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July 27, 2008

Gas prices aren’t Bush’s fault

Mark Anderson (7/20, Letters) suggests that the current energy crunch is a conspiracy between Bush-Cheney and the oil industry. He wrote: “Anyone who can’t see this is dumber than Bush, and that is dumb!”

Wow, lest we forget Mark, when House Speaker Nancy Pelosi and her can’t-do gang took control of Congress in January 2007, the average cost of gasoline was between $2.10 and $2.20 per gallon. After two years of the can’t-do gang we have hit $4 per gallon.

You’re right, Mark. That is dumber than Bush!

Paul Howe
Platte City

Comments

Pub 17

Engineer, I really have other things to do than to repeat myself once or twice a week on economic commonplaces, best found in two-semester textbooks. You want to see textbook examples of how to destroy the value of a currency, either look in an actual textbook or review the Bush macroeconomic record.

I weep for the loss of the workers' paradise for the middle class created by the Bush team in the last seven years.

Engineer

Pub 17
Just what are these "Bush economic policies"? His tax cuts kept the Country from going into a severe recession, So far as I can make out, Obama's domestic policies are just more of the same but on steroids. in Berlin he said the walls between rich and poor nations should be torn down. So look out, you hard working semi-skilled middle class people.

Pub 17

Why is it necessary to cover and recover the same ground day after day? Bush Administration economic policies have savaged the value of the dollar which contributes heavily to the rising cost we pay at the pump. Bush doesn't determine international economic demand, but he has made China and India rich in hard currency terms so that they are major players in world oil markets instead of third-world bystanders. Can we please move on?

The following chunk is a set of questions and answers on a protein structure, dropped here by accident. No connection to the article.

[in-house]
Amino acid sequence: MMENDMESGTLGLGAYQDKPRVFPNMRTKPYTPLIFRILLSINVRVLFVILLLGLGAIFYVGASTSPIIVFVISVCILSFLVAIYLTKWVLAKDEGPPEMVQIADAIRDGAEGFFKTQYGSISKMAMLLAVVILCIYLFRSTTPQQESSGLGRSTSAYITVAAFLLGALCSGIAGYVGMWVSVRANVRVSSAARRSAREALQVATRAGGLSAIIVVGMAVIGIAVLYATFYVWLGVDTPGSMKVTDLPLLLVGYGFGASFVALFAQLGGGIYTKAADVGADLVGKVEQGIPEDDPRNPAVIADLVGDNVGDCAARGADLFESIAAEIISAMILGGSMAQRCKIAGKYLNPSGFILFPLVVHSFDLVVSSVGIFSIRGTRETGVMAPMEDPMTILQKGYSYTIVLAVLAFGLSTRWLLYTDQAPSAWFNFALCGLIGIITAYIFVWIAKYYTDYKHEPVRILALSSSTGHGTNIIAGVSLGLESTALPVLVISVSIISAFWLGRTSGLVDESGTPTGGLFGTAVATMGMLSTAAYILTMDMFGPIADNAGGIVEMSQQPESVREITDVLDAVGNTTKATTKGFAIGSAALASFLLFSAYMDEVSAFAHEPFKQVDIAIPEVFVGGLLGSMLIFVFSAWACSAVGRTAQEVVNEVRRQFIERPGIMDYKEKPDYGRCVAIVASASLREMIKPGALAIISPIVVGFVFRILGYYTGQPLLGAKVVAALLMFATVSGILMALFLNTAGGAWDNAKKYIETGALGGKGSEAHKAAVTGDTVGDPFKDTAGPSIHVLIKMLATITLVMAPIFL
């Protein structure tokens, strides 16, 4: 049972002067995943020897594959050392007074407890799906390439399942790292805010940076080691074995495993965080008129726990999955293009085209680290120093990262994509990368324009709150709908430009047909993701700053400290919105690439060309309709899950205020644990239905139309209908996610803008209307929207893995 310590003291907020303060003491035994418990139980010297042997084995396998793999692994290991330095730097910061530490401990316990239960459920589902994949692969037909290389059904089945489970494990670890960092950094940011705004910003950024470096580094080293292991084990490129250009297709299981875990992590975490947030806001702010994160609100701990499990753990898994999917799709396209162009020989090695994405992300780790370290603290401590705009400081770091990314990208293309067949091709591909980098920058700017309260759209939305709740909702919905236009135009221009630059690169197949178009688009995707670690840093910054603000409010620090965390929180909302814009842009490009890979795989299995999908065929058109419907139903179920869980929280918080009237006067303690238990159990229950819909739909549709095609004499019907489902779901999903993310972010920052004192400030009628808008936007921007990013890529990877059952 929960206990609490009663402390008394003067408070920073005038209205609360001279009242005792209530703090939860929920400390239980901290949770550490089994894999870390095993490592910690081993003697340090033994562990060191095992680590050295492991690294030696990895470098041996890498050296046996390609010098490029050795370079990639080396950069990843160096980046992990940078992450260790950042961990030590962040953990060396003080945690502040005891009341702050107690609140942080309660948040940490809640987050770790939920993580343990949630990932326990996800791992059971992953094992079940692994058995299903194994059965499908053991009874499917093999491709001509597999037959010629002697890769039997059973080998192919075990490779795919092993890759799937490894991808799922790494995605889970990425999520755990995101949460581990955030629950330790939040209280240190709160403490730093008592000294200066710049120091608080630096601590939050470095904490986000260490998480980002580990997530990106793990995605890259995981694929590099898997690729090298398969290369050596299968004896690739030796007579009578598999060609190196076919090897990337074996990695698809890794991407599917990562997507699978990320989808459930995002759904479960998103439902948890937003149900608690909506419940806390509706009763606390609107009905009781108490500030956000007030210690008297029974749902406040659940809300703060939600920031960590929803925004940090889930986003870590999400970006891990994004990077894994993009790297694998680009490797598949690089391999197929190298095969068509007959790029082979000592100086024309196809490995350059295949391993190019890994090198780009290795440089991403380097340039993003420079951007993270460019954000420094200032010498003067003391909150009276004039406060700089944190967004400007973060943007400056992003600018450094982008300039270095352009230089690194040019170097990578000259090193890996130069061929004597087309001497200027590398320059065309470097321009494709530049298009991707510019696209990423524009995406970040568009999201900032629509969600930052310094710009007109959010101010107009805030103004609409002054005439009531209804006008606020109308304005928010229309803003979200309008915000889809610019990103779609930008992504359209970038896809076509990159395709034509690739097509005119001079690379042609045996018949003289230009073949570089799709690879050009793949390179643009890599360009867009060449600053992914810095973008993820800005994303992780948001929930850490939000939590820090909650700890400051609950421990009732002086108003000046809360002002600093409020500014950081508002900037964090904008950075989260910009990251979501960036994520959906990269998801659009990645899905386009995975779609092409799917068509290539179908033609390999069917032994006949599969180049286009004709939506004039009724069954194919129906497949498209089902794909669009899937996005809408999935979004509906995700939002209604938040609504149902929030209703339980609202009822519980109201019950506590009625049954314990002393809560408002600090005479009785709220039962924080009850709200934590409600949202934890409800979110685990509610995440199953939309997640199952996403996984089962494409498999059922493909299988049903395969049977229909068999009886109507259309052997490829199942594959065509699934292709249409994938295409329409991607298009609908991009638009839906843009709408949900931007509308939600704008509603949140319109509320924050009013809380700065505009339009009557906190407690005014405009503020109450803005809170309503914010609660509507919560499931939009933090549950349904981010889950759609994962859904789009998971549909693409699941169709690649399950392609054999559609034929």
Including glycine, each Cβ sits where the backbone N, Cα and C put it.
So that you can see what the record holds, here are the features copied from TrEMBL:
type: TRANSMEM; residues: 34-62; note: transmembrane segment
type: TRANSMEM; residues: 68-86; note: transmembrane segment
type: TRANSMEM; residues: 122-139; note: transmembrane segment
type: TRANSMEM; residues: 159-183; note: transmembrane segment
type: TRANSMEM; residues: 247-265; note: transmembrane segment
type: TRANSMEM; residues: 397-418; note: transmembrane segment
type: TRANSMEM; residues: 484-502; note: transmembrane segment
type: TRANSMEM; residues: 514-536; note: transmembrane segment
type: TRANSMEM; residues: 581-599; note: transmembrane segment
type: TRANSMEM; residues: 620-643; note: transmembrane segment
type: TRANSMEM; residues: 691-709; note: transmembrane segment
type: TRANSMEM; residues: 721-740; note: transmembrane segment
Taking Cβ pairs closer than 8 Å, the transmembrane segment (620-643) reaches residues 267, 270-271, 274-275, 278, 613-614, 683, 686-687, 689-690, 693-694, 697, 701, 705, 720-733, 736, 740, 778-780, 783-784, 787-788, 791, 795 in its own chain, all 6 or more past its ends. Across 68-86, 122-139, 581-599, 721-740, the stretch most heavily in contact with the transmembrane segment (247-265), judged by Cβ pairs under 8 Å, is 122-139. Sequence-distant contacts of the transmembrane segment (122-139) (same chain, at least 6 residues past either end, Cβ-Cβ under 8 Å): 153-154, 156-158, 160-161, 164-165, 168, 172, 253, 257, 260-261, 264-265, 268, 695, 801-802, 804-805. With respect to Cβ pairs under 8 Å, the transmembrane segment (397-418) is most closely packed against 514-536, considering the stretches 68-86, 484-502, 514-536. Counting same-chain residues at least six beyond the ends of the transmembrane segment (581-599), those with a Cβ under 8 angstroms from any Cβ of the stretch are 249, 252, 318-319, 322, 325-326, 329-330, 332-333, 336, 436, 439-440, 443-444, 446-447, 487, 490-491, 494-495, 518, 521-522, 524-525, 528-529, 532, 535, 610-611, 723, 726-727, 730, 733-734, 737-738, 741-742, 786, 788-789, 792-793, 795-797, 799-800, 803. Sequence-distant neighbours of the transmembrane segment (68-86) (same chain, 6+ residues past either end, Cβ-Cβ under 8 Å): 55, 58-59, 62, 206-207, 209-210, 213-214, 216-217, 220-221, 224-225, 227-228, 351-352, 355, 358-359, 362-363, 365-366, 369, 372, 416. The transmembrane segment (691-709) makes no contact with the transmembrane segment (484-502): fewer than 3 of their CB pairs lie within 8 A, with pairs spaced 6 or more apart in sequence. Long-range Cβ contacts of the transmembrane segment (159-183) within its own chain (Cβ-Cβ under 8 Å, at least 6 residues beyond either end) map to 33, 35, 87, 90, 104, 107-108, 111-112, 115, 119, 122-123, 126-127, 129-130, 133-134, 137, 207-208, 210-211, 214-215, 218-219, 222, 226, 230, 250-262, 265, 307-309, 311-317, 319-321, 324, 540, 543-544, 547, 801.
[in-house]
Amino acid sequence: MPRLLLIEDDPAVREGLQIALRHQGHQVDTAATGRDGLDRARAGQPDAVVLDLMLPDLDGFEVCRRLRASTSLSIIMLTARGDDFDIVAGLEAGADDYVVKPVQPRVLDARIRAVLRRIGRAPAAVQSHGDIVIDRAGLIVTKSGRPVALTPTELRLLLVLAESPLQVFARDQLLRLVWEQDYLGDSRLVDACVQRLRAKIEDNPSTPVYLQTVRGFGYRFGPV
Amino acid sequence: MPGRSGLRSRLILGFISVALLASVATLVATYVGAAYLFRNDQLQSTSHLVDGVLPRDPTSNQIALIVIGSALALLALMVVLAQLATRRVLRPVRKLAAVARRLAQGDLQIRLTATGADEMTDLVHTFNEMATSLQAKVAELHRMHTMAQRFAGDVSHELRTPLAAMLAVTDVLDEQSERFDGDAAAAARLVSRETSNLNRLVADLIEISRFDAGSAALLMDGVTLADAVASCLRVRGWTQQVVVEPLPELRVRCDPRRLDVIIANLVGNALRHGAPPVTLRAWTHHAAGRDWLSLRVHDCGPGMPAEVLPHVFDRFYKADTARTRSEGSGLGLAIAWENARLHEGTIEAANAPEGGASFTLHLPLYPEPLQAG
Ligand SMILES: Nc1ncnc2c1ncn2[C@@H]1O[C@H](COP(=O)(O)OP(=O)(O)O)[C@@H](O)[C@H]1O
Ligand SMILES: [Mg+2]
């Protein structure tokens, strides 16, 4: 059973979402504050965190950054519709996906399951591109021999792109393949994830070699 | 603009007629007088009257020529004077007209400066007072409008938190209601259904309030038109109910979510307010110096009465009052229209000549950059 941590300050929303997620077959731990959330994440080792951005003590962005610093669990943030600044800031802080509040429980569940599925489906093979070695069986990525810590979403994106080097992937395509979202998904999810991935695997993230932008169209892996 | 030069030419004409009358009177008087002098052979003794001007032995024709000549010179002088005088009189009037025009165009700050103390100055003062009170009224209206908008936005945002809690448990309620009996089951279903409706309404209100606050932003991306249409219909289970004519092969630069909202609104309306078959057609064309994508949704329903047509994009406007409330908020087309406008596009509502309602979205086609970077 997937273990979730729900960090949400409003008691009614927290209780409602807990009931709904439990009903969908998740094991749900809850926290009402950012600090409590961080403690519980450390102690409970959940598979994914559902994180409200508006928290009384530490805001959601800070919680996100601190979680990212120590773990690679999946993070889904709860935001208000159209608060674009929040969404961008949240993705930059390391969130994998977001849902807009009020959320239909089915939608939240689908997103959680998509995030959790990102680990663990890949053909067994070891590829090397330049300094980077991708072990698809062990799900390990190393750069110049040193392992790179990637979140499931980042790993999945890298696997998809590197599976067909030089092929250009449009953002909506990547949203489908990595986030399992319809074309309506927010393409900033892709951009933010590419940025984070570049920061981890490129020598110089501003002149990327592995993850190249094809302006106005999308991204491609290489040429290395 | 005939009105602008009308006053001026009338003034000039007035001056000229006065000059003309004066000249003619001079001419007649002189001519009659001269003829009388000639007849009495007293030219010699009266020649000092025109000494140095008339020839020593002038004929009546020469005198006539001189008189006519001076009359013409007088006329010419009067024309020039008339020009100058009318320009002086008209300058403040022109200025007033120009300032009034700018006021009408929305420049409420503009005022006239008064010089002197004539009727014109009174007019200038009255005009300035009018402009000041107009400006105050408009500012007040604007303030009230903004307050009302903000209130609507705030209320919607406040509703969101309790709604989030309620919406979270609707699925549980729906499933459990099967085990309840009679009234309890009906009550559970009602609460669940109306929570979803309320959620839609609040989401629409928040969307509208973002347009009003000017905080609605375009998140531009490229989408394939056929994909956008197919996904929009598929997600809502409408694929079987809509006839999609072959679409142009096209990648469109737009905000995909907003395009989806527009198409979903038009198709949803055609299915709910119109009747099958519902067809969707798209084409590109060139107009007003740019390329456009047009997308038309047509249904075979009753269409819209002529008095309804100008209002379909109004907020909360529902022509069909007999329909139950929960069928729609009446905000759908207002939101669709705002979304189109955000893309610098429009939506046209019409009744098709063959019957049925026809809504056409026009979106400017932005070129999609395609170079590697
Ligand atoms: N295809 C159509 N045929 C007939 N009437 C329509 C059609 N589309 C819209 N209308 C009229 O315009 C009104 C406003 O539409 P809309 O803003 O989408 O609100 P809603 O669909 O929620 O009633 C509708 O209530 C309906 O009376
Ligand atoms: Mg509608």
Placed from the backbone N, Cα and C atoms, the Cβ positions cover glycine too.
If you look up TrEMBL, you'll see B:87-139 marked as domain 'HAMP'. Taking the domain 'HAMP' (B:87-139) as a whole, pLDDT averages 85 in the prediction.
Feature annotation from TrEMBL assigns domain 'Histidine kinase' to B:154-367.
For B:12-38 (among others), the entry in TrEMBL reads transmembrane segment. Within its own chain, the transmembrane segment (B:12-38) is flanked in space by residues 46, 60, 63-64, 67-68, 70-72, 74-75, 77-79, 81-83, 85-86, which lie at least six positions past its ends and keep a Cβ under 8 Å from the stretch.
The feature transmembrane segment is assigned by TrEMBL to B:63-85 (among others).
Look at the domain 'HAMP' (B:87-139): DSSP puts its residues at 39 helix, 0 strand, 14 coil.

Engineer

Casady
Obviously you have to be wrong. Oil prices can't be due to international demand as Bush and Cheney are not responsible for international demand. But it seems to me that any increase in supply has to have a depressing effect on prices. If the US adopts and aggressive drilling and exploring stance it seems to me that this must have a great effect on speculators. As to proven reserves, past experience would indicate that these will be greatly increased as we develop new areas.


Casady

Hey Sammy:

What makes you think these reserves won't be supporting international demand? Do you honestly think a Royal Dutch or BP would not have a stake in these reserves? Even if they are developed exclusively by domestic producers, do you not think that domestic producers would export this crude to their international operations that are seeing greater increases in demand than the US?

Granted, I agree exporting crude from domestic sources would help our balance of payments, strengthen the dollar and that within itself would impact the price the US pays on the global market, but adding 5% - 10% to global supply over 15 to 30 years would barely keep pace with growing demand so the the current equilibrium on a global level would remain intact, don't you think? As a result, I don't see any real price reduction once the current bubble corrects itself, which we have seen over the last couple of weeks.

Given forecasted increases in global demand, I'm just not seeing any great market reductions as a result of developing these resources, which different from saying that it should not be done. I don't think we have a choice. That's the way I see it anyway.

Sammy

Casady - I'm disappointed in you. You know that ANWR and offshore reserves won't be supplying the total world demand for oil. If your numbers are accurate, and we use a more reasonable assumption that those sources could supply 5% - 10% of world demand, then those sources would supplement other sources for 15 to 30 years. You know demand curves well enough to know what a 5% - 10% boost in supply from the free world could do for the price of a commodity with supply restricted by some dubious regimes.

whispering_to_kc